For a while I always wondered why fail2ban sometimes put in the same rule twice under iptables:
[root@localhost ~]# iptables -L
Chain INPUT (policy ACCEPT)
target prot opt source destination
fail2ban-SSH tcp -- anywhere anywhere tcp dpt:ssh
ACCEPT all -- anywhere anywhere
ACCEPT all -- anywhere anywhere state RELATED,ESTABLISHED
ACCEPT tcp -- anywhere anywhere state NEW tcp dpt:ssh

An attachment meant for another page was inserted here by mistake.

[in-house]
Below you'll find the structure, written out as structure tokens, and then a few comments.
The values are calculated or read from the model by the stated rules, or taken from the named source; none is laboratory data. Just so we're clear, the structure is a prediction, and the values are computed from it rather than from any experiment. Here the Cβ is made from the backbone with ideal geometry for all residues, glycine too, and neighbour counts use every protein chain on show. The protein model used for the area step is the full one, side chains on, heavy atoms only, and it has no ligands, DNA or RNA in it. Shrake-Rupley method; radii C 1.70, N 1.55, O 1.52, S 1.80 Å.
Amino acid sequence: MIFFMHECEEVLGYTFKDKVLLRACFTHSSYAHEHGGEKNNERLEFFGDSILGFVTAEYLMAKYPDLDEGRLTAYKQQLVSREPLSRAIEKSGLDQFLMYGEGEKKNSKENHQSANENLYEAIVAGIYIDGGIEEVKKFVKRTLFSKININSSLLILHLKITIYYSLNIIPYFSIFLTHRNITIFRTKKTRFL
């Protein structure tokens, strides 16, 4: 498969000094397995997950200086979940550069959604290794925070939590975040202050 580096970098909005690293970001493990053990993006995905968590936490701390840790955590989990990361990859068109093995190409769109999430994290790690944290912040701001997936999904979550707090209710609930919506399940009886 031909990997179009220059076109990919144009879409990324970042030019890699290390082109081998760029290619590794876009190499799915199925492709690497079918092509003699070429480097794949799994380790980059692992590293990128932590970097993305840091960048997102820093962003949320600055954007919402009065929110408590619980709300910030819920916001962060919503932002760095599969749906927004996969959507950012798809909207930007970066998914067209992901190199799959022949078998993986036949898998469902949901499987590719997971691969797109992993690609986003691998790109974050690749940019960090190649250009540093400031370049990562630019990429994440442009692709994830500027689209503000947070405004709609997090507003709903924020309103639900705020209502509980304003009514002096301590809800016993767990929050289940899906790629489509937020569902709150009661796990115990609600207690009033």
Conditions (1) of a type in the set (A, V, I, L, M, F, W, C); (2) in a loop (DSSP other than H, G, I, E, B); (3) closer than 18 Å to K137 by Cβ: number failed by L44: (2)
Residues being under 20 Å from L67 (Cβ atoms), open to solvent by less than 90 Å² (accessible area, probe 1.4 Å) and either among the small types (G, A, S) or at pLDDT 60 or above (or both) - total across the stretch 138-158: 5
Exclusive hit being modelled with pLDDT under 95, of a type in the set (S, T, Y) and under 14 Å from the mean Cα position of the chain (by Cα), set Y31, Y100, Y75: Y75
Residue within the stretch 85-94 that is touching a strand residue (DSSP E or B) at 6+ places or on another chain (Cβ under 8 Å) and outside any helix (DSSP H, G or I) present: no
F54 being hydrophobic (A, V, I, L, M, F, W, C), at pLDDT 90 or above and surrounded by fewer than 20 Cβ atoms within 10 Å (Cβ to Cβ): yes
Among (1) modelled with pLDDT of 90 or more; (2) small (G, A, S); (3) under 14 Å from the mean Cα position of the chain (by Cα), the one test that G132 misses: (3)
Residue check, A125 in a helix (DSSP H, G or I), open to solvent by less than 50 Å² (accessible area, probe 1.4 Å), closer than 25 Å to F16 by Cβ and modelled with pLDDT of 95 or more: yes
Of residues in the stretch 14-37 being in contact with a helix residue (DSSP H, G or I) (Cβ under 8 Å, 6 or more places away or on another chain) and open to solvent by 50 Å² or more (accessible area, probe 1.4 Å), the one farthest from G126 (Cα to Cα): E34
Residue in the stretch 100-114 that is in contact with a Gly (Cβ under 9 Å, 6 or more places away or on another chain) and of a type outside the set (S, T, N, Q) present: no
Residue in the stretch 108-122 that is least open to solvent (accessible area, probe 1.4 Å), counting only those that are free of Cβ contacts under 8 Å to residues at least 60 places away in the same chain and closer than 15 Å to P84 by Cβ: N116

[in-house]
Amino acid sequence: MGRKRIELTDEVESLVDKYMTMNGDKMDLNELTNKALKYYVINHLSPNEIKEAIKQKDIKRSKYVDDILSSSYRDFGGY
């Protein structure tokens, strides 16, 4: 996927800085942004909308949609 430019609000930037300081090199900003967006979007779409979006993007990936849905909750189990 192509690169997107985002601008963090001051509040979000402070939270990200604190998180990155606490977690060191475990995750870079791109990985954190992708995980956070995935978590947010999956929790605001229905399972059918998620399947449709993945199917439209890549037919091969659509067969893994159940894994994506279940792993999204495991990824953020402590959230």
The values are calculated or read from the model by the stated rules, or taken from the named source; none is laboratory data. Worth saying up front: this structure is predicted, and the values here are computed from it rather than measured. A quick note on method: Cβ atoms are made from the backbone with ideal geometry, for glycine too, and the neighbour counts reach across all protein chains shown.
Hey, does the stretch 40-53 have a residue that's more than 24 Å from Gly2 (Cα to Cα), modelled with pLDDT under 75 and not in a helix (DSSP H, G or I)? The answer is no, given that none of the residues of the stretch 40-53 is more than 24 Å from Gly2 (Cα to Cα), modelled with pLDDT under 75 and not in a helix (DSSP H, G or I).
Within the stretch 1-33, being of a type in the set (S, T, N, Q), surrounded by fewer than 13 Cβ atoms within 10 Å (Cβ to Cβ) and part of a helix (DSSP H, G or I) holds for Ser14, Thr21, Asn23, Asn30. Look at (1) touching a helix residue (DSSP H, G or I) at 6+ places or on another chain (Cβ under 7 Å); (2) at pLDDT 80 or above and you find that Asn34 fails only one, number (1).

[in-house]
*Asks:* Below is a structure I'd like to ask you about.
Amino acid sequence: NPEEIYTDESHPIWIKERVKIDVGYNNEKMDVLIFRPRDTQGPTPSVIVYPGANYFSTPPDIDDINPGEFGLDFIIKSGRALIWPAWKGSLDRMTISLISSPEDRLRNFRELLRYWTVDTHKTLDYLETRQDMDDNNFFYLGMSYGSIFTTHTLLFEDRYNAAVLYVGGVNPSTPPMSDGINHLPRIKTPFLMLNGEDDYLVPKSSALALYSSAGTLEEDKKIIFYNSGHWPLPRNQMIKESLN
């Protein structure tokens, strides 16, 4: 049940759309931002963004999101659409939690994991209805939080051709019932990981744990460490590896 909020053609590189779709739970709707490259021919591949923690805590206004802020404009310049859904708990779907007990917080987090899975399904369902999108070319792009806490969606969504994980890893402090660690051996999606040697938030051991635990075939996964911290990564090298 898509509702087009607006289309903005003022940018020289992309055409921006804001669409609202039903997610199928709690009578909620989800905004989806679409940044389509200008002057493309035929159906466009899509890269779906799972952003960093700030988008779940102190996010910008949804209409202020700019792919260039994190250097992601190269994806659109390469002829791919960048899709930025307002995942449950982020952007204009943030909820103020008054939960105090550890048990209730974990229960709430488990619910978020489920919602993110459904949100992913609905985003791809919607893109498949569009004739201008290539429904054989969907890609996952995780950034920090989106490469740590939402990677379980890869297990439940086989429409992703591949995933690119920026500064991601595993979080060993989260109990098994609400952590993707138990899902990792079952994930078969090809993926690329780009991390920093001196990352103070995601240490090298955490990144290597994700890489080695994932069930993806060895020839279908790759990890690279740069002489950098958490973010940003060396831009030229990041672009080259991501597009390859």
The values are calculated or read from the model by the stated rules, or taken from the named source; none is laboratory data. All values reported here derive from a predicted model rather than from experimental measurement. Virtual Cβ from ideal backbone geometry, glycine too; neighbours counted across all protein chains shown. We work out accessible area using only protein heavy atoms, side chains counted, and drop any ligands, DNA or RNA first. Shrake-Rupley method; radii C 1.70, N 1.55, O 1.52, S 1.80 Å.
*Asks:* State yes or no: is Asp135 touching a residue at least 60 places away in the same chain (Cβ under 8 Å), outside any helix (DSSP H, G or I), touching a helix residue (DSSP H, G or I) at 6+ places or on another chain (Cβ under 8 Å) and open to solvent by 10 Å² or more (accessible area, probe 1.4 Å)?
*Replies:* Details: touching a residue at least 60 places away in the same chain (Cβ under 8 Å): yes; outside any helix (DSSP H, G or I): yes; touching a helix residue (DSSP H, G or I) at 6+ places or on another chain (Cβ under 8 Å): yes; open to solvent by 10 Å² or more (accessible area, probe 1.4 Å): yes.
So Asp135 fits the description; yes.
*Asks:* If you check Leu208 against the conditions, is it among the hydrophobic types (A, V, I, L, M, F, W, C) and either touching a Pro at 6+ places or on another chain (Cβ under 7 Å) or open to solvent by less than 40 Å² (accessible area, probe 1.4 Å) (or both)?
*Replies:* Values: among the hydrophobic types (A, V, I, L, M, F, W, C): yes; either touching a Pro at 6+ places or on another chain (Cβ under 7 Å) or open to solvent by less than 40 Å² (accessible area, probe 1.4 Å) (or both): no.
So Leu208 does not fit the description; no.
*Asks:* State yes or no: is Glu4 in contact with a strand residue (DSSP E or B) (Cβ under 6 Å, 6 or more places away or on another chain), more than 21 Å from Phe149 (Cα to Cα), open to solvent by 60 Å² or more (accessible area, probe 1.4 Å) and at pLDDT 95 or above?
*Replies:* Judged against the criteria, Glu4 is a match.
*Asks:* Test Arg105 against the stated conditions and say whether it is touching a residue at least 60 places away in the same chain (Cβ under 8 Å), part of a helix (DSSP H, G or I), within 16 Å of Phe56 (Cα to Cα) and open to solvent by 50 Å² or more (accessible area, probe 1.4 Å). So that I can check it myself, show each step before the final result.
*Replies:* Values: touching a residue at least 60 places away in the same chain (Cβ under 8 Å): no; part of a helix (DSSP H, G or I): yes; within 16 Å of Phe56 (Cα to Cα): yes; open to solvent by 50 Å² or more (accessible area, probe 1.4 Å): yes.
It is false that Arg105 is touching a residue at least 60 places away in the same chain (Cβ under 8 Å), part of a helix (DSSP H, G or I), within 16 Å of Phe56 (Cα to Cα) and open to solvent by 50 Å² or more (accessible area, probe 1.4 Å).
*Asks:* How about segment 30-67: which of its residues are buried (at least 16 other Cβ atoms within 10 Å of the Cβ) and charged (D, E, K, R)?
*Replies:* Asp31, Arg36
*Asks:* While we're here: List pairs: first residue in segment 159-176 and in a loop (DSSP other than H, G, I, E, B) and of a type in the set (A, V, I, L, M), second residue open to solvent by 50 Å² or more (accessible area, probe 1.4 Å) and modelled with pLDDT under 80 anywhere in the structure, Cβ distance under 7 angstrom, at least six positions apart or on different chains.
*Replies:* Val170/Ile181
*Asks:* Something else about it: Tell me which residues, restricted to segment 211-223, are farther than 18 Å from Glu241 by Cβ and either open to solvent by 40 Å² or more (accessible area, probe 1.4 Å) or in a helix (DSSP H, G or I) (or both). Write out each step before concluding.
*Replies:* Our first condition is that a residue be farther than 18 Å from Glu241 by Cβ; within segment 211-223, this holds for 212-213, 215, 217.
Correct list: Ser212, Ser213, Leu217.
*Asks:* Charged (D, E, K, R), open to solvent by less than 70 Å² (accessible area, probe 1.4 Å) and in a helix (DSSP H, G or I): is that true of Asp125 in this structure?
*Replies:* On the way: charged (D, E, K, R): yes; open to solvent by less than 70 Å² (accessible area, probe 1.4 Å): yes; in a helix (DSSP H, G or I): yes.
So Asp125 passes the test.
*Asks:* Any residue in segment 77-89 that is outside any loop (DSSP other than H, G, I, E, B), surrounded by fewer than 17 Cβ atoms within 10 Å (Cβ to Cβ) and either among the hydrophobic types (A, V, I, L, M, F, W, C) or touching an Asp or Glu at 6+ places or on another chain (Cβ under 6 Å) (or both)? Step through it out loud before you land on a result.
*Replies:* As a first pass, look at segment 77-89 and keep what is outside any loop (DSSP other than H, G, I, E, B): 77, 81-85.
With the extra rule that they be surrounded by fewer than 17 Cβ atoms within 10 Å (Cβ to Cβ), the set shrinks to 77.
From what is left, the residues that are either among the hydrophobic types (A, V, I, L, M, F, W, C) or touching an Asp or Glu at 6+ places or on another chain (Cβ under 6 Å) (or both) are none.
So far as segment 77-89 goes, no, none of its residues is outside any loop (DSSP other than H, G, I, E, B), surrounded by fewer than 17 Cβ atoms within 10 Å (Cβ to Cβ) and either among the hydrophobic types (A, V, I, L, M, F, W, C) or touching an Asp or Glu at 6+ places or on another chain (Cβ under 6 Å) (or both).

REJECT all -- anywhere anywhere reject-with icmp-host-prohibited
It turns out that when fail2ban service starts, it inserts the fail2ban-ssh rule at the top of your iptables rules; so if you did save of your iptable rules with the fail2ban-ssh rule already inserted, iptables loads its default rules (with fail2ban-ssh in it) and then fail2ban adds it again when it starts.
To fix this, I deleted the fail2ban-ssh rules from iptables and saved those rules; now when my server boots iptables loads without the fail2ban-ssh rule and fail2ban adds it when it starts.